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All sunshine in one clubhouse

By Nick Cafardo
Globe Staff / July 8, 2010

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ST. PETERSBURG, Fla. — Snapshot of the race to catch the Yankees in the American League East: One clubhouse, bold and confident; the other, broken and beaten.

A three-game sweep of the Red Sox has the Rays surging and the injury-ravaged Sox slipping.

Youth beat old age last night as 24-year-old David Price outpitched 43-year-old Tim Wakefield to earn his 12th win, but the Sox are now feeling the absences of Victor Martinez, Dustin Pedroia, and Jacoby Ellsbury as the offense starts to slump. Meanwhile, the absences of Clay Buchholz and Josh Beckett have made Boston too reliant on Wakefield and Daisuke Matsuzaka.

The Rays have won five straight and seven of their last eight, while the Red Sox have lost four straight and eight of their last 11 road games. The Rays, who have struggled at times, are starting to think of The Trop as home again. They improved to 22-10 (.688) against the AL East, best mark in the division.

So now what?

Do the Sox just finish out the weekend and hope they don’t fall farther back against a slugging Blue Jays team that will throw tough lefty Ricky Romero, hard-throwing righthander Brandon Morrow, and Jesse Litsch against Jon Lester, John Lackey, and Matsuzaka? Or will general manager Theo Epstein have to give up prospects to make a deal to save the day?

In a season of peaks and valleys, this is the latest hole from which the Sox must climb.

“I am mentally prepared for a dogfight the entire season,’’ said Tampa Bay manager Joe Maddon after last night’s 6-4 win. “I love playing in this division. That’s why it’s absolutely wonderful. It’s neat, awesome, prodigious.’’

It’s not so neat, awesome, and prodigious for the Sox right now, but Maddon believes Boston will get healthy and rise again.

“They have had a lot of injuries, but look at some of those guys. [Daniel] Nava triples [in the ninth]. [Darnell] McDonald [RBI double in the ninth] had a great [11-pitch] at-bat,’’ said Maddon. “They’ve done so well with that group. Both teams came in here with almost the same record and we’re fortunate to have come out of here with three wins. It’s just great to get our team going again. I knew we weren’t going to go at a 32-12 pace the entire year. It’s hard to maintain that pace, but we’ve been able to get back to playing well. You’re going to see the Red Sox do the same thing. There’s too much talent.’’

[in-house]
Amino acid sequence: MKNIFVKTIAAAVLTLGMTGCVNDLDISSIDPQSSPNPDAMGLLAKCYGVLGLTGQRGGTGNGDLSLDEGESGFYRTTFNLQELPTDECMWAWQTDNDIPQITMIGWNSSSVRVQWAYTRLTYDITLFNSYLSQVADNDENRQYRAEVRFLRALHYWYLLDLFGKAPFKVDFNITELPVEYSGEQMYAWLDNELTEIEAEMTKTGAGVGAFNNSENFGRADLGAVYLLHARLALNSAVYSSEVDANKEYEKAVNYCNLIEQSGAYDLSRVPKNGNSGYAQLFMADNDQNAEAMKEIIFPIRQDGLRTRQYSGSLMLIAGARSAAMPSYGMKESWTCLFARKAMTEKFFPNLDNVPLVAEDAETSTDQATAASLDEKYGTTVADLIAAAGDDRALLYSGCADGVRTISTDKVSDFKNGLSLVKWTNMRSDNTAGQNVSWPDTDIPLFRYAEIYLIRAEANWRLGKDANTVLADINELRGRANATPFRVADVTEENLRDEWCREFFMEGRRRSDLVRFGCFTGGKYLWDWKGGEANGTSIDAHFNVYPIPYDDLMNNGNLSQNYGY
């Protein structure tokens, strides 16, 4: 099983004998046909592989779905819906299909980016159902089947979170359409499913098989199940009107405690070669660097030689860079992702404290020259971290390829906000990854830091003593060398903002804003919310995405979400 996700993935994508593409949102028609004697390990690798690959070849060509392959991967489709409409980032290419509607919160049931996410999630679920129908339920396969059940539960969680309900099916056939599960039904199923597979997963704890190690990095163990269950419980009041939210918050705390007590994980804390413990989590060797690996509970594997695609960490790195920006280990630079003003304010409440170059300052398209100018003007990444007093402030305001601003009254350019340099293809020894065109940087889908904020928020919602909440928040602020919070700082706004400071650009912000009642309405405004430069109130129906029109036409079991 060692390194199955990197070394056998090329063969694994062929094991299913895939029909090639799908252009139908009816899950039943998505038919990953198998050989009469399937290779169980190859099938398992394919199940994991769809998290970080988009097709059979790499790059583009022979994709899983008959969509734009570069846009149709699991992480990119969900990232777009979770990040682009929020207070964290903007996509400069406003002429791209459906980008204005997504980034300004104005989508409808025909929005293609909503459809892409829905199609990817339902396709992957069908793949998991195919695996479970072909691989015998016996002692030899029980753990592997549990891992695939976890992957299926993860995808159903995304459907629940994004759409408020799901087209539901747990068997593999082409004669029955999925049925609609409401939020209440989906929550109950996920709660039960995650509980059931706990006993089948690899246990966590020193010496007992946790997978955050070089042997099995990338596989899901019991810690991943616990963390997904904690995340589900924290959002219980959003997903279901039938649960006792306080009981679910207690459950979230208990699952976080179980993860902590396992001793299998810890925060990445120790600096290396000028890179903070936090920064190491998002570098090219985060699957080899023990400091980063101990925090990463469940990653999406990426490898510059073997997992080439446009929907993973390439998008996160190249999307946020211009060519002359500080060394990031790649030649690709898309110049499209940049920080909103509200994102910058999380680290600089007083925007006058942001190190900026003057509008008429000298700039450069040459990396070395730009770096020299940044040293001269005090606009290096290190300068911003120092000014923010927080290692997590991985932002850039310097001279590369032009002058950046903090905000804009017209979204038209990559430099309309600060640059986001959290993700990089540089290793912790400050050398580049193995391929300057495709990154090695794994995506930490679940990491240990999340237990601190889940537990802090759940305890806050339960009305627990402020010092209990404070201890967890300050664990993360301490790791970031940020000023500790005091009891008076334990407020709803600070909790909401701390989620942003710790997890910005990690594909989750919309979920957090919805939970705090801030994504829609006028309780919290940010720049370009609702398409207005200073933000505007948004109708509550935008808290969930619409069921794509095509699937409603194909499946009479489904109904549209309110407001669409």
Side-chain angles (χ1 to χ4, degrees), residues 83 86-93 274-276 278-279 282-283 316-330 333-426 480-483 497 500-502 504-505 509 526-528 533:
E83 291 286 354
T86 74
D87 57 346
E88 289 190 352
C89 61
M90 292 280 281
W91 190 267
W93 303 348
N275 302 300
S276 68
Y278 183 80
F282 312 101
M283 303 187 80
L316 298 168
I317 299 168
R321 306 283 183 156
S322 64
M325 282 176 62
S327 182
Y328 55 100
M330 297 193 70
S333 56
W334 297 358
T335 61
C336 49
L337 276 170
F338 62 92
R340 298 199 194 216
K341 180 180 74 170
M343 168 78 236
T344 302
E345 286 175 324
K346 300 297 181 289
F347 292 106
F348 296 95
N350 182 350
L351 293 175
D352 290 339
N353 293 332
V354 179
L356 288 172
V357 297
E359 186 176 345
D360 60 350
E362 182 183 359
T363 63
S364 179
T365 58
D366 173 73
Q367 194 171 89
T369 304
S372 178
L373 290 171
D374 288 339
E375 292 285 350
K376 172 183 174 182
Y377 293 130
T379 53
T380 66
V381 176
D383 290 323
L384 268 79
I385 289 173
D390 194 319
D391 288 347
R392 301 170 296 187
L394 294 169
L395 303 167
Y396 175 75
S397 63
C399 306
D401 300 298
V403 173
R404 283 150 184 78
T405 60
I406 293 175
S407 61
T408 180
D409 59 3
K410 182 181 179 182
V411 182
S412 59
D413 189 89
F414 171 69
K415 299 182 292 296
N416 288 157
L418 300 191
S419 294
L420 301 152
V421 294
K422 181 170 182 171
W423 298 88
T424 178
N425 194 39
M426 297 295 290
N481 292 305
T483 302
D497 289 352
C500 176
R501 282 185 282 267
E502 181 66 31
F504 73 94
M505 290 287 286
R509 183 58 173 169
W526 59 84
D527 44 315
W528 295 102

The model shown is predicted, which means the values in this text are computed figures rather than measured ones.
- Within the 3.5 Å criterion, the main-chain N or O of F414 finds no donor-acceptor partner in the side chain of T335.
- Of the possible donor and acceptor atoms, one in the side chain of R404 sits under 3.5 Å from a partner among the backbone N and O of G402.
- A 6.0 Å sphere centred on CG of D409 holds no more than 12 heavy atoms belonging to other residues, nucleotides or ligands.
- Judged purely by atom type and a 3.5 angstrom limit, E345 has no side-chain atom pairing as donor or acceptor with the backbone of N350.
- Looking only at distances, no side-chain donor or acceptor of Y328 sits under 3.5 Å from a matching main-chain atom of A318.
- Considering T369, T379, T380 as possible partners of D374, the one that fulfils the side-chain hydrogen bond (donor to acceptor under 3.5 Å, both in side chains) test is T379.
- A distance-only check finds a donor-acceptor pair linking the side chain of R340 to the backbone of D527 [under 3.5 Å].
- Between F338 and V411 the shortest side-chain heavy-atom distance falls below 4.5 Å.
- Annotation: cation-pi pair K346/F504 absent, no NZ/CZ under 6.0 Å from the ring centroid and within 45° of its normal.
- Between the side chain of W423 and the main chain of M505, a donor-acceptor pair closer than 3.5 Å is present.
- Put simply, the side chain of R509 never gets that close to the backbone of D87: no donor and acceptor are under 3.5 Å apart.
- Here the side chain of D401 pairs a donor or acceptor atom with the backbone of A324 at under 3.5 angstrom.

From a psychological point of view, the sweep was huge for the Rays, who host the Indians this weekend.

“[The Red Sox] are wounded right now and they aren’t at full strength,’’ said Maddon. “There’s always a rationalization of the process, but to win three games was important for us given the circumstances.’’

The Rays are getting some fantastic pitching. Price, who threw 90 percent fastballs, has risen to an elite level with a 12-4 record and a 2.42 ERA. He’s become everything the Rays thought he’d become and maybe more.

“Any sweep is big, and coming against Boston is probably bigger for us,’’ Price said. “It’s something we wanted and obviously we wanted to win the series but a sweep is even better. I knew I needed to come out and give us a strong outing. Our bullpen has been kind of taxed this week and a half and I knew I needed to give us seven or eight innings.’’

Maddon knows his team needs more offense, but he was pleased with the timely hitting and the six walks against Wakefield, whom he called the ultimate pro. The manager feels his bullpen is pitching well again. He had some tired arms last night so he used starter Matt Garza in the ninth. Garza gave up a walk and a hit but got Kevin Youkilis (the potential go-ahead run) to line to center to earn his first career save.

What gave Maddon a real boost was hearing his owner, Stuart Sternberg, say “money is no object’’ if the Rays need to acquire talent at the trading deadline. Sternberg made the remarks Tuesday, a subtle or not-so-subtle reminder to the Sox that the Rays could be in the market for the same players.

Asked whether it was the first time he’d heard that from his owner, Maddon said, “First time I’ve heard it expressed that way. And look, we’re always looking to augment our talent. We’re pragmatic and we keep it in the present with always that periphery vision to the future. I think it’s great for the players to hear that.’’

While Maddon acknowledged Boston’s ravaged roster, he said of his own, “we have a lot of young players in our lineup as well with Matt Joyce, Sean Rodriguez, and Reid Brignac, so we’re not exactly overflowing with veterans.’’

He said of the sweep, “The last time they came down here, they did that to us. They were right with us when they came into this building. I love the way we played. It started in Boston [split of a two-game series] and then Minnesota, where we did the same thing. We have to play better here.’’

Sox manager Terry Francona was his usual even-keeled self after the disastrous three days.

“This was disappointing for us,’’ he said. “We ask our guys to try to do their best, to do their best, and that’s exactly what they’re doing. We’ll get on a plane, regroup, and keep battling. This is actually kind of a fun group right now. This wasn’t a real fun three days, but this is a good group to work with. We’ll figure it out. We’ll find a way to figure it out.’’

Maddon said he would be surprised to see any one of the Big Three run away with it or fall too far back.

Right now, the Red Sox hope he’s right.

Nick Cafardo can be reached at cafardo@globe.com. Follow him on Twitter @nickcafardo.

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